Sometimes a Doll just needs a harvest drink! The weather is damp, cold, and the taste of a warm coffee drink on Sunday evening is the perfect way to unwind from a busy weekend. But, in the interest of full disclosure, the arrival of a beautiful new French Press, “Coffee Drinks,” by Michael Turbak, and a tin of freshly ground Sant’Eustachio on my door step this week, are the real reasons for the break from a traditional champagne cocktail recipe. (Thank you so much Dina S. Truly a fabulous gift!)
That said, today you are cordially invited to “French Connection” Sunday. I selected this drink for two reasons. The first is obvious, the recipe just sounds so rich and decadent. Secondly, I love the movie, “The French Connection,” so a drink by this name absolutely appealed to me.
Prep time ~ 3 minutes. Total time ~ 3 minutes.
- 1 oz Cognac
- 1 oz amaretto
- Black coffee
- whipped cream
- Shaved almonds for garnish
- Pour the Cognac and amaretto into an Irish coffee glass.
- Fill with hot coffee. (Made in your French Press, of course.)
- Top with whipped cream
- Garnish with shaved almonds.
Sip, relax and enjoy!
A little history of the French Press …
The cafetiere is known by many different names. In the UK it’s usually called a cafetiere, which is shortened from the French ‘cafetiere a piston’. In the US it’s commonly referred to as a french press. Other names include: coffee press, press pot and coffee plunger.
Being called both a cafetiere and a french press you would assume that this coffee maker’s origins are in France. However, both the French and the Italians lay claim to its invention. What is believed to be first patent for a cafetiere was filed by two Frenchmen, Mayer and Delforge, in 1852.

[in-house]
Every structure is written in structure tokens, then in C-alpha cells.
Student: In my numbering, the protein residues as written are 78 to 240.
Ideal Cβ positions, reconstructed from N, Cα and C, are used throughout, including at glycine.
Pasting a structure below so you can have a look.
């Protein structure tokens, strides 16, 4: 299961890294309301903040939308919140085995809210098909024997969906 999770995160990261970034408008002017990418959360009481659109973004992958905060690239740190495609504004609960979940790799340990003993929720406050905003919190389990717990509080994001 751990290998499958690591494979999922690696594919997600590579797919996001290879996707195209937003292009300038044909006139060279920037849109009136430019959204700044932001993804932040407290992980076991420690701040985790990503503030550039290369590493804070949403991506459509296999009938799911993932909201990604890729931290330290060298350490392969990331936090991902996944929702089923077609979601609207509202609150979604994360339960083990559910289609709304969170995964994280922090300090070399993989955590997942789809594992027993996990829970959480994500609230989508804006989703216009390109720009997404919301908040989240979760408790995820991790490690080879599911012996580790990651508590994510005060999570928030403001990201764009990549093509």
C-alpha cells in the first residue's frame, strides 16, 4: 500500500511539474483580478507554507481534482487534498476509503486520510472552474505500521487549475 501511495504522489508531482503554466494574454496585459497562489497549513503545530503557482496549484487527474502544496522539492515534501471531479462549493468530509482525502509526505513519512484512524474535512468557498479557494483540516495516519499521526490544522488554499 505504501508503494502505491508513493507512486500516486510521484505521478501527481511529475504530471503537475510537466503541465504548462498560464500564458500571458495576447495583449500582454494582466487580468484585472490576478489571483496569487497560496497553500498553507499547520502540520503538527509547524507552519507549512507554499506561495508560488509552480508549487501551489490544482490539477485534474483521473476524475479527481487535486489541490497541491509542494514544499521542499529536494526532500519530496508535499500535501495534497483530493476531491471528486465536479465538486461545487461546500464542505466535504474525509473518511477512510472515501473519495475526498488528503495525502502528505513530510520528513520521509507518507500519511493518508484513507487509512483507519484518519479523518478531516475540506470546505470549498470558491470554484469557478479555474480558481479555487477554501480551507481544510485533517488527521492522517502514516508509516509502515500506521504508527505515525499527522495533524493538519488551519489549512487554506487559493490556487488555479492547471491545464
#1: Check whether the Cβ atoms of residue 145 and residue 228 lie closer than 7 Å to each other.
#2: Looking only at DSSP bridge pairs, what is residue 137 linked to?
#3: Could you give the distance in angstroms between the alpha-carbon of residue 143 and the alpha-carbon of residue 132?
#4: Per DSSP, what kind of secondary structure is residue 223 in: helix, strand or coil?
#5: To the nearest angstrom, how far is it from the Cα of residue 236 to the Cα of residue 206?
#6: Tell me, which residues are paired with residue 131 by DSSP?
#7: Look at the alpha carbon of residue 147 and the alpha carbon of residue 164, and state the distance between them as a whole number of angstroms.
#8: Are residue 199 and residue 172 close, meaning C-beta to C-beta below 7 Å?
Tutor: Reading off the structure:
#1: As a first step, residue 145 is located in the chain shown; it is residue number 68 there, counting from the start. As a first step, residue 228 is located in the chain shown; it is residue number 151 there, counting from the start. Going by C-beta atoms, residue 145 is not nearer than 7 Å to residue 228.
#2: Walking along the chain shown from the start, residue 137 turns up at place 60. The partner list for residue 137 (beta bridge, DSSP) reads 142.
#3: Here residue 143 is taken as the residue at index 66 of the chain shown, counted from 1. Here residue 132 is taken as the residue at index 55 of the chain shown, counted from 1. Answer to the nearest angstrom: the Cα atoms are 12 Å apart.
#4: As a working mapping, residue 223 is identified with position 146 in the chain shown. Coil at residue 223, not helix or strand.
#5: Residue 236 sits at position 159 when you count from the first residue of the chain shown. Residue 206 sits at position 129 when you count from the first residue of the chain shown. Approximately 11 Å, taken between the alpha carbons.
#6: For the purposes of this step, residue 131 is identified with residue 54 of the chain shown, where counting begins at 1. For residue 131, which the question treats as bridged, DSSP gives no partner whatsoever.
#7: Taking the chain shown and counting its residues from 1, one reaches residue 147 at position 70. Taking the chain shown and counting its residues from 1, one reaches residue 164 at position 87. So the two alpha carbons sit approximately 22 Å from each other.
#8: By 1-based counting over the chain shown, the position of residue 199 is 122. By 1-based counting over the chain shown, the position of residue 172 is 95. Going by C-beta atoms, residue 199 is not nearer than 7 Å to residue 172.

La Cafetiere and Bodum are two of the biggest manufacturers in the cafetiere market. The two companies actually used to work together but the relationship has soured more recently and various court cases have ensued.
Bondanini’s Chambord cafetiere was manufactured in what was originally a French clarinet factory call Martin S.A. This factory was owned by Mr. Louis-James de Viel Castel, who also owned La Cafetiere (then called Household Articles). Spurred on by the success of the Chambord model in France, Viel Castel decided to market the coffee maker in the UK, but under the brand La Cafetiere and renamed the ‘Classic’.
In the early 1970s, Bodum began working with Martin S.A. to distribute the Chambord model in Denmark. During this time the relationship between Viel Castel, La Cafetiere and Bodum was very amicable. However this all began to change when Martin S.A. was brought out by Bodum in 1991.
When Viel Castel sold Martin S.A. to Bodum he also sold the rights to the Chambord coffee maker. But as a condition of sale, Viel Castel wanted to retain the right to continue to sell the Classic cafetiere under the La Cafetiere brand. However, there is a disagreement as to the exact terms of the sale. Bodum claims that Viel Castel is limited to only selling the Classic cafetiere in the UK. However, Viel Castel claims that he can sell the coffee maker everywhere, but France.
The argument came to a head in 2008 when La Cafetiere started selling the Classic cafetiere in USA. Bodum tried to sue La Cafetiere for trade dress infringement. However, the judge ruled that as the Classic and Chambord were not exactly alike and as the wording on the condition of sale document was ambiguous, that La Cafetiere could continue to sell the Classic in America. Similar cases have been tried in other countries and so far all have ruled in favor of La Cafetiere.
Source: Galla Coffee
So much drama! Anywho, why not treat yourself to a new French Press just in time for the holidays. Next time you feel like a harvest drink to get you warm and cozy, select a new coffee cocktail from your favorite cookbook and get to brewing.
The Pretty Domestic